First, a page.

FIG. 2 is a plan view schematically showing the front side of the solar cell 100. In the example of FIG. 2, two bus bars 201 run parallel on the front side of the substrate 101. The contact holes 120, in which the metal contacts 102 are formed, may each have a diameter of about 50 to 200 μm. A plurality of metal contacts 102 is formed perpendicular to the bus bars 201. Each metal contact 102 may have a width of about 60-120 μm.

FIG. 3 is a plan view schematically showing the backside of the solar cell 100. In the example of FIG. 3, two bus bars 301, which are electrically coupled to metal contacts 110, run parallel on the backside. In practice, the bus bars 201 and 301 will be electrically connected to corresponding bus bars of adjacent solar cells to form an array of solar cells.

Solar cells have gained wide acceptance among energy consumers as a viable renewable energy source. Still, to be competitive with other energy sources, a solar cell manufacturer must be able to fabricate an efficient solar cell at relatively low cost. With this goal in mind, a process for manufacturing the solar cell 100 is now discussed with reference to FIGS. 4A-4M.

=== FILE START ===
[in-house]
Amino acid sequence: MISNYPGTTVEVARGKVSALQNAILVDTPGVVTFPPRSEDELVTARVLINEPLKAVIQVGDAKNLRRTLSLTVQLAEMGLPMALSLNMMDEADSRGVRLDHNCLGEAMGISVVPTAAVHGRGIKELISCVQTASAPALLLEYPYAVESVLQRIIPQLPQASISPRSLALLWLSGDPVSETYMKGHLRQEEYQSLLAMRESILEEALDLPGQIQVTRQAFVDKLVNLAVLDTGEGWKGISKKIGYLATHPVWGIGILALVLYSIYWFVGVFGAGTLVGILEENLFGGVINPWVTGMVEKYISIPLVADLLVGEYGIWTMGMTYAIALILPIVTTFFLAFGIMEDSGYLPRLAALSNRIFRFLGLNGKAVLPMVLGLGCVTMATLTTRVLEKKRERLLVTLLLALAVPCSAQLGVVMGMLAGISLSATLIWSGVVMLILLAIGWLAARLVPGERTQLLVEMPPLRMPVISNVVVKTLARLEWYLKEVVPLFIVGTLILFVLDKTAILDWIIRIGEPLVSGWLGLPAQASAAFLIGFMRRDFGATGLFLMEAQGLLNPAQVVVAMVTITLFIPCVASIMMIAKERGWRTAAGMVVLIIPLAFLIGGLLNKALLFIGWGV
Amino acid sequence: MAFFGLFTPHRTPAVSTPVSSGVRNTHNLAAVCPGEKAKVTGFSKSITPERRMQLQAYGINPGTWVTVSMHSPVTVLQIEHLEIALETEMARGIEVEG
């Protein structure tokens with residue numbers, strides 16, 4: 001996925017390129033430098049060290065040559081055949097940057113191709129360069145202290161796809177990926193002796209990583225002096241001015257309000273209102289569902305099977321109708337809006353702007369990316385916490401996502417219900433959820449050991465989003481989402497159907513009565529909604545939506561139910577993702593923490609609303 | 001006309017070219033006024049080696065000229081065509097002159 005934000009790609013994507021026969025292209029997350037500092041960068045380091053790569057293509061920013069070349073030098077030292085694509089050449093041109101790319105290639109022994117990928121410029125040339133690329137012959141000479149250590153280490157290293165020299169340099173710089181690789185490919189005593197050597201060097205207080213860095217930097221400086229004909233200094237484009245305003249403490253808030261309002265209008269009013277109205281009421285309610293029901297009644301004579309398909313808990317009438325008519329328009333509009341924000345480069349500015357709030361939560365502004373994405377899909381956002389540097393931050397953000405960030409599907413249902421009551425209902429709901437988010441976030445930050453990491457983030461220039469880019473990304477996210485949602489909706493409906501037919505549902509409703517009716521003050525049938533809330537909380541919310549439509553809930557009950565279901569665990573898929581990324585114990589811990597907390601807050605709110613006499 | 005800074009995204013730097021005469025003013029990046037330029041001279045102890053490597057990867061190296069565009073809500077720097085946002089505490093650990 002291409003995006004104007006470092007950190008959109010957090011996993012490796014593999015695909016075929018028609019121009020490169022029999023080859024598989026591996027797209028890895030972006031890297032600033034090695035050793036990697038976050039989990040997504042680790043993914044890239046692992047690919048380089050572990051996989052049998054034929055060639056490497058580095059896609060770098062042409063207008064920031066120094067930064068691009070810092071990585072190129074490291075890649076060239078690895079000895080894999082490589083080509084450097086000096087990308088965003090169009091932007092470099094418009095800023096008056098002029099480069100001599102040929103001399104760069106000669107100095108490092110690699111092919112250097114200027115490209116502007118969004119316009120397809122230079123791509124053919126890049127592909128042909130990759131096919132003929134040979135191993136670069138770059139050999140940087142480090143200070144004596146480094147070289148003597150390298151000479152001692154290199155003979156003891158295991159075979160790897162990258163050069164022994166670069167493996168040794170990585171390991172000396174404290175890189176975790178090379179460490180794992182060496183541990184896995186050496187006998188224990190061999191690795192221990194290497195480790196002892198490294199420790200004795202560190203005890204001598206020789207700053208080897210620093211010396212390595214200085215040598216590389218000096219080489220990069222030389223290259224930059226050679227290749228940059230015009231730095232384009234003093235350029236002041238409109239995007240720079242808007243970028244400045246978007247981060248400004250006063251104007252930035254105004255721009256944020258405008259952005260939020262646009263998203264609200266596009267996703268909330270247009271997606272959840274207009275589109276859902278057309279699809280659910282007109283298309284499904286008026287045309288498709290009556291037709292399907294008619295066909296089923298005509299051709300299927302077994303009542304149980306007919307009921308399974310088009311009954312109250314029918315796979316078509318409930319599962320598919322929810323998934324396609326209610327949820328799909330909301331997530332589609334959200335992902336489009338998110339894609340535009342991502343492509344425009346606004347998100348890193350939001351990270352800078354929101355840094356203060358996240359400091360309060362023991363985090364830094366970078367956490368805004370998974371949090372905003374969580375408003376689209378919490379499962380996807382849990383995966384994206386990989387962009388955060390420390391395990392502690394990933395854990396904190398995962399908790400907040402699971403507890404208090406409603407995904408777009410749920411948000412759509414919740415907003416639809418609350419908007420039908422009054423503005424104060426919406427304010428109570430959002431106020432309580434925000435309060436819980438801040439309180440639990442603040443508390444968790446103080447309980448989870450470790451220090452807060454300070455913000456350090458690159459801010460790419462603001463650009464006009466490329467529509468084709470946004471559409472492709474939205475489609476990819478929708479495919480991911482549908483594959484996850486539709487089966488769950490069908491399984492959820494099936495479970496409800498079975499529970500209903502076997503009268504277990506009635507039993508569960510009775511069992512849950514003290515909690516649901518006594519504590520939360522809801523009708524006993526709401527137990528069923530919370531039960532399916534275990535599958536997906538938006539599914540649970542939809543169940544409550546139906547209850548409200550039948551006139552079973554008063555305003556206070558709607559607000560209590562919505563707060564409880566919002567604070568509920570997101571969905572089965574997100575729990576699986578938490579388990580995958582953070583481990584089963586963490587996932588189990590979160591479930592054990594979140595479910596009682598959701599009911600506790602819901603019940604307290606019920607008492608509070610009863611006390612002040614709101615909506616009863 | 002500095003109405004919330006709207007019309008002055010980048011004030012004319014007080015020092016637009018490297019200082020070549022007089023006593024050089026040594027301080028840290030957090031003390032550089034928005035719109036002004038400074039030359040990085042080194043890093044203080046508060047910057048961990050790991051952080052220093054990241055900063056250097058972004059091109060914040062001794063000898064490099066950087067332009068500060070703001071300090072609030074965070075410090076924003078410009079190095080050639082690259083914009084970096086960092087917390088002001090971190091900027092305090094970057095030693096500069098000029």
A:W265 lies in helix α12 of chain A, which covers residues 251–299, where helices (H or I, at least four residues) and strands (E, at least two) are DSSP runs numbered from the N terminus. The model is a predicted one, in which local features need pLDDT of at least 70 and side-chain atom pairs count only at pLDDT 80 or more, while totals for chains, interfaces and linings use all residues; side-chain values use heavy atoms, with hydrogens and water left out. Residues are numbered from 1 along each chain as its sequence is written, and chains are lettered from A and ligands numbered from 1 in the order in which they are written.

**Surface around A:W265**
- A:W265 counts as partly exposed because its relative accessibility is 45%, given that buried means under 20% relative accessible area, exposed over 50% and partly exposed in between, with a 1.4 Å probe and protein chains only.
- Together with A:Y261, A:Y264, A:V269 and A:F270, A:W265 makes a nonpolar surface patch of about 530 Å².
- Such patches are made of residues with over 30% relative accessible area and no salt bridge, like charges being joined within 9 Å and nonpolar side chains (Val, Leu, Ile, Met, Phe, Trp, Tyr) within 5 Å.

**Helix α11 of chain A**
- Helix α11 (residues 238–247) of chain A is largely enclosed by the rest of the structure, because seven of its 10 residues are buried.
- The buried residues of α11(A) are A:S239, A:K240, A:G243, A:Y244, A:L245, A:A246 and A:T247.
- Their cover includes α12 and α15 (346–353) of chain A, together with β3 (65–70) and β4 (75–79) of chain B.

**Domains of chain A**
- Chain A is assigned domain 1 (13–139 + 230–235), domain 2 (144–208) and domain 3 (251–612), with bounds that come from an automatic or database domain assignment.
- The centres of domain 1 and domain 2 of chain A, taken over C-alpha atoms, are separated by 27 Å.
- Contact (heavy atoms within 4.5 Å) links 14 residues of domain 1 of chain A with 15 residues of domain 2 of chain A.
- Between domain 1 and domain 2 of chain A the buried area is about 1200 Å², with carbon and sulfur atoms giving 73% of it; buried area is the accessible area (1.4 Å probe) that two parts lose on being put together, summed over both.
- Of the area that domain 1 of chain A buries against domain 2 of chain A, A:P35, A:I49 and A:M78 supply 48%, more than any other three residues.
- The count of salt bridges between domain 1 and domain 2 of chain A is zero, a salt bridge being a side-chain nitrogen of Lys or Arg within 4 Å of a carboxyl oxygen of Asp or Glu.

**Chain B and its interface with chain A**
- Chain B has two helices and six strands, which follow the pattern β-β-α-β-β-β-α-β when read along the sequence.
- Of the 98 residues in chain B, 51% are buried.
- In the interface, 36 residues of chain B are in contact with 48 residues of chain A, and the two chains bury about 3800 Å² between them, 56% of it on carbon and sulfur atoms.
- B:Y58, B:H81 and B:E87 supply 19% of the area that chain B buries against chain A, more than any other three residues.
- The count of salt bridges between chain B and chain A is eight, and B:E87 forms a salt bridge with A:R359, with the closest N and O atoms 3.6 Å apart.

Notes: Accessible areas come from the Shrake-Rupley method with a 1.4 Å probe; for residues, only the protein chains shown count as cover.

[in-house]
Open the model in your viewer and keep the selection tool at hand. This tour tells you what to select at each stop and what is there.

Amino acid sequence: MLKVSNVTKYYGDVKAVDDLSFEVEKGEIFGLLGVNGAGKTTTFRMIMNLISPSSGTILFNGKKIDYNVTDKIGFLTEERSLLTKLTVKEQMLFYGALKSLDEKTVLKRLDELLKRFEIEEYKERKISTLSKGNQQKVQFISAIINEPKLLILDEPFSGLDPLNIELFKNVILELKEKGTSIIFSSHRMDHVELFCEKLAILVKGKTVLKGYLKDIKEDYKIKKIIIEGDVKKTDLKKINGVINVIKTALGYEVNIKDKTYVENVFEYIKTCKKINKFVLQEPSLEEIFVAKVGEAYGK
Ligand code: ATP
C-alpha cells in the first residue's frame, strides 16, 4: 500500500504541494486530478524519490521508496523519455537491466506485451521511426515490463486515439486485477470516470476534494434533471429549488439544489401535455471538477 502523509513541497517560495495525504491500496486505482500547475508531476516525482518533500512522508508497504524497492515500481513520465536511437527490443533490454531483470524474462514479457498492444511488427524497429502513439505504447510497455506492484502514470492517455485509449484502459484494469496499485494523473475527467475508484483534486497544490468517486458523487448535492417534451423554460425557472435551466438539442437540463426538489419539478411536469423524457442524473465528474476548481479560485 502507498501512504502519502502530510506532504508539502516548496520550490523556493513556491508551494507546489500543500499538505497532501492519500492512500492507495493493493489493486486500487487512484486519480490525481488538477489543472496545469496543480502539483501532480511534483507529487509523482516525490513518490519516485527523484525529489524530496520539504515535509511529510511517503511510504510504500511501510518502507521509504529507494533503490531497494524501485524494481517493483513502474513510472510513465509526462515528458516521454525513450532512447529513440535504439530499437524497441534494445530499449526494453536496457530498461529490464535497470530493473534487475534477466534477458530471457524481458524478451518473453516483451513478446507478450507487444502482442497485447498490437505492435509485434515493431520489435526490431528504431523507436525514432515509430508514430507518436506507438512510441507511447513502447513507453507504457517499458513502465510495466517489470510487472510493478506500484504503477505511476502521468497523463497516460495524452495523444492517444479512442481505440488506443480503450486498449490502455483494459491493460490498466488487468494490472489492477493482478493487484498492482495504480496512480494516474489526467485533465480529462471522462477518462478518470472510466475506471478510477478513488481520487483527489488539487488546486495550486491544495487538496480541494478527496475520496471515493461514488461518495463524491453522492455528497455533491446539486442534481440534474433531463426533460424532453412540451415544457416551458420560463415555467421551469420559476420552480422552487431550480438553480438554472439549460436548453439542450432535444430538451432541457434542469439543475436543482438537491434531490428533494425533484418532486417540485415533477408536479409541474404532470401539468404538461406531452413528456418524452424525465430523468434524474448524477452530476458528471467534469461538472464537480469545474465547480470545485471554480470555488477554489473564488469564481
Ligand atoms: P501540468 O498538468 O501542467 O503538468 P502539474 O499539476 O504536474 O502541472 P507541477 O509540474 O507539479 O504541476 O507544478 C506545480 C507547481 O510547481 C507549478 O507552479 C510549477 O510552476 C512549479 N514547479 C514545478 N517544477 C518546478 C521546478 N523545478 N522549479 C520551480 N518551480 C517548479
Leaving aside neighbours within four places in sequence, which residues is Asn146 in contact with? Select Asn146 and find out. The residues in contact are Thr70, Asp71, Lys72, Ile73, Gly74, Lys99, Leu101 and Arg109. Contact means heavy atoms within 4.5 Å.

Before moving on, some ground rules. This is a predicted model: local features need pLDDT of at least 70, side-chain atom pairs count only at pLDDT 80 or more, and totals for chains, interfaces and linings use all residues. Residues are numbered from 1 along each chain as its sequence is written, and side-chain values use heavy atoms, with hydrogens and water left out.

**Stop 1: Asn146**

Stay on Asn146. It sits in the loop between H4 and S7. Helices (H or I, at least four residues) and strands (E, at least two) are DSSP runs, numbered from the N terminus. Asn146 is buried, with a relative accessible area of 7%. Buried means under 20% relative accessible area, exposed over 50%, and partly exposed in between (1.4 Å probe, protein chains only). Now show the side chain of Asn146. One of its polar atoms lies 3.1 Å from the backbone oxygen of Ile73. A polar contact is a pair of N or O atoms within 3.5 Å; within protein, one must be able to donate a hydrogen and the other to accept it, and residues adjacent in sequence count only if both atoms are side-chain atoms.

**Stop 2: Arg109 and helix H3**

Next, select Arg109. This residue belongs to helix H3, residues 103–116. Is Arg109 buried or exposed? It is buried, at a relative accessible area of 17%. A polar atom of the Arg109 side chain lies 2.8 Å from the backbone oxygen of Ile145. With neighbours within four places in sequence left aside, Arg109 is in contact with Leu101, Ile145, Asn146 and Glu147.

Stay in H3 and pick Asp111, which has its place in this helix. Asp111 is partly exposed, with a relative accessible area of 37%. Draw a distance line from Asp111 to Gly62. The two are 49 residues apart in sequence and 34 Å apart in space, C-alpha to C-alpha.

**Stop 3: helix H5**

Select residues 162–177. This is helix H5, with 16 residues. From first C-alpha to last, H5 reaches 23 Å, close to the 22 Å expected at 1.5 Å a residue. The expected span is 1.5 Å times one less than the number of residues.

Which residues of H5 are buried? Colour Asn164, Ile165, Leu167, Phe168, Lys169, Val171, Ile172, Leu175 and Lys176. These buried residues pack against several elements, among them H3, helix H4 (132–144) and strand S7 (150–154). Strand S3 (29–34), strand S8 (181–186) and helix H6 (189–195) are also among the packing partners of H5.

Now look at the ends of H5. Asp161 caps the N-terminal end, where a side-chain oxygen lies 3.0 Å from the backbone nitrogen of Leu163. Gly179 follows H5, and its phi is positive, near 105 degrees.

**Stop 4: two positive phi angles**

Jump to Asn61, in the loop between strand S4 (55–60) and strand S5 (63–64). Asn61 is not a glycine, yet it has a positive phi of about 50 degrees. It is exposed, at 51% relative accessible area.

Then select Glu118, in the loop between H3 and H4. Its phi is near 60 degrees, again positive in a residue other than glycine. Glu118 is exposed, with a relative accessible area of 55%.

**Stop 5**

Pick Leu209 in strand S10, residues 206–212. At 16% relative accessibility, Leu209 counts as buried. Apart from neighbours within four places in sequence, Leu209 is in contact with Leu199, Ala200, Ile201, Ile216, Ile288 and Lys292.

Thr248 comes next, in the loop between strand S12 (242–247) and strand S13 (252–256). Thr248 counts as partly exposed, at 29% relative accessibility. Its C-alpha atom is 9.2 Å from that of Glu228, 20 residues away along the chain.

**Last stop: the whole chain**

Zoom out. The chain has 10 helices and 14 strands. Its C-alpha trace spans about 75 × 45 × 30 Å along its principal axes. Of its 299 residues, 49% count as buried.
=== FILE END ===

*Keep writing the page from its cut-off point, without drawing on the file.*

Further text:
FIG. 4, which comprises FIGS. 4A-4M, schematically illustrates the fabrication of the solar cell 100 in accordance with an embodiment of the present invention.

In FIG. 4A, an N-type silicon substrate 101 is prepared for processing into a solar cell by undergoing a damage etch step. The substrate 101 is in wafer form in this example, and is thus typically received with damaged surfaces due to the sawing process used by the wafer vendor to slice the substrate 101 from its ingot. The substrate 101 may be about 100 to 200 microns thick as received from the wafer vendor. In one embodiment, the damage etch step involves removal of about 10 to 20 μm from each side of the substrate 101 using a wet etch process comprising potassium hydroxide. The damage etch step may also include cleaning of the substrate 101 to remove metal contamination.